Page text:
That is the substance of what the King said, most of it prompted apparently by the false suggestions of the Imperialists, like the marriage of the Emperor with his eldest daughter, and other things of which Marillac wrote on the 10th. Finally, the King required De Thays to make like recommendations to the King, his brother, praying him to wait a day or two until he had leisure to write.
Other news, which Marillac would have written in the ordinary way, is that Norfolk returned to Court from the North three days ago. He has ordered the finishing of certain fortifications, particularly at Berwick, which has been made smaller than it was in order that fewer men might guard it, with a double platform, fine and large, and ramparts where the walls were weakest. As it was rumoured that the Duke had made musters, Marillac enquired of those who went in his company and others, and finds only that, as the Duke passed through some towns, the gentlemen of the country and chief inhabitants met him armed, as customary, in warlike fashion. Not 3,000 were seen in such array. Fifteen days ago two ships were laden at London with artillery and munitions for Lincolle and other places on the borders of Scotland. There is no news at London of the pioneers who were reported to have gone to reinforce those at Calais. Makes daily enquiry what ships go thither and what they carry.
This King, on Saturday, 19th inst., went from Westminster to Greenwich by water, accompanied by the mayor and crafts masters of London, with the solemnity and triumph [customary] at the first passage of new queens; for she who is “en ruyne” (qu. en royne? i.e., queen at present) had not yet passed under the Bridge. The King left on Monday, the 21st, for Dover, leaving the ladies at Greenwich, where he intended to be back by Palm Sunday.
The Scottish ambassador, Camal (who passed before on his was to Flanders, for causes, as Marillac then wrote, concerning navigation between the Flemings and Scots), passed again through London eight days ago, where, as he informed Marillac, this King reminded him that, on his way to Flanders, he had told him the king of Scots wished to remain his good friend and neighbour, but said he had heard, eight days ago, that his nephew would put 60,000 men in the field to make war on him; and, if so, it must be by advice of the French king, for otherwise he would not move, and the Scots are wont to dance to French music (sont coustumiers de danser au son des François), but that James should look to himself and think of his father and predecessors, and that the forces of England were no less than they were then. Camal replied that he could not believe that report true, and thought the duke of Norfolk had made it at random. Camal says that, when he asked the Privy Council how they stood with the French, he was told, very well, provided they kept their promise and did not trouble them (the English) in their property on the river bank between Ardres and Guisnes. They did not specify what promise nor what property. One of the Councillors told Camal, apart, that the French were in duty bound to pensions, which they called tribute. Thinks these speeches are to be considered.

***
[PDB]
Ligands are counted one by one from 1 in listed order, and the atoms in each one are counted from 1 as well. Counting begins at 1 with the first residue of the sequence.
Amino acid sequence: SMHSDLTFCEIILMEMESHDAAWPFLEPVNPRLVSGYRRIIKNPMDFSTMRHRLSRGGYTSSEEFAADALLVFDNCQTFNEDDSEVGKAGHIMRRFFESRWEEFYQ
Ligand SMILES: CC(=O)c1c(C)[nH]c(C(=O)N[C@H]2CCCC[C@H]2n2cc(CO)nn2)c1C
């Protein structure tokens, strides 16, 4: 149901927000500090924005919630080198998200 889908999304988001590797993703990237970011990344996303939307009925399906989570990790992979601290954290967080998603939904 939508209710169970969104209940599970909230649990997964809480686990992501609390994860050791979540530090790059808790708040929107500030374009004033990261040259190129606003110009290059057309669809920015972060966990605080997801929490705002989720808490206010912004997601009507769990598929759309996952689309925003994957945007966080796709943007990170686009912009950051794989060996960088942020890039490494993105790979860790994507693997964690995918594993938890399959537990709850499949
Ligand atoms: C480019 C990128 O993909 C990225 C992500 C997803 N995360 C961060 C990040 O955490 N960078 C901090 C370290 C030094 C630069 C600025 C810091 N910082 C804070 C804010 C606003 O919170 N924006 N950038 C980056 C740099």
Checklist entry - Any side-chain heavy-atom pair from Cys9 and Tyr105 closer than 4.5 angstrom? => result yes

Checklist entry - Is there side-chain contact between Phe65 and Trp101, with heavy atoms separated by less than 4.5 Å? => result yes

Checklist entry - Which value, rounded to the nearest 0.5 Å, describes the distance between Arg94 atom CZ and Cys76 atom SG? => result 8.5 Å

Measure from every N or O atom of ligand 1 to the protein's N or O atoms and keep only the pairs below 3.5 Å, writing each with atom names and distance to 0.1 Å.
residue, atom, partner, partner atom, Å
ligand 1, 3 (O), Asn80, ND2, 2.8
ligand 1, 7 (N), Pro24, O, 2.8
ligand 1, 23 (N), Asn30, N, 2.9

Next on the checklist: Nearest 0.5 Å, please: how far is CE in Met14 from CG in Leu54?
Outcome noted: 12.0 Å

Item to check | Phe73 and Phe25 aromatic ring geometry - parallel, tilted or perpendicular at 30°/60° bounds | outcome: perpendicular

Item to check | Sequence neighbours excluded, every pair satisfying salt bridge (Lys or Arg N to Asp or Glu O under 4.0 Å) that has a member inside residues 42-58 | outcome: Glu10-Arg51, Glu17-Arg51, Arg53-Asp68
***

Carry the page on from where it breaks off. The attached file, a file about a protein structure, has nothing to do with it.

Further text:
The commissioners sent for the dispute about the bridge of Ardres have returned. Mr. Walop and Mr. Hoyet are released and their goods restored. They had erred (failly), the one while negociating with the Emperor, the other while at Calais, but the King pardoned them, Hoyet for his wit and Walop for his leadership in war, and both for their great services past and to come.
French. Modern transcript, pp. 10. Headed: “Copie du memoire baillé a M. de Thays pour en faire son rapport au Roy (25 Mars 1541)”.
||651. Marillac to Montmorency.|
|The King sent the Sieur de Thays, gentleman of his chamber, to visit the King of England, who had been a little indisposed, and present letters in his (Francis's) own hand to the effect that he was distressed to hear of his illness, and would be glad of news of his convalescence. This came à propos to efface a bruit that the king [of Scotland], at Francis's instance, was preparing to make war on the English, besides the satisfaction it gives them to see that people are grieved at this King's indisposition and glad of his health. Has written an ample instruction (memoire) about affairs here, to which he refers.|
French. Modern transcript, p. 1. Headed: London, 25 March 1541.
||652. John Reskymer.|
||Two acknowledgments (on same paper), each signed by John Reskymer, of rents received of Benett Forgew for Christmas and Our Lady Quarter, 32 Hen. VIII., for the manor of Tretherf, and for Brongolow and Petygrew, &c.|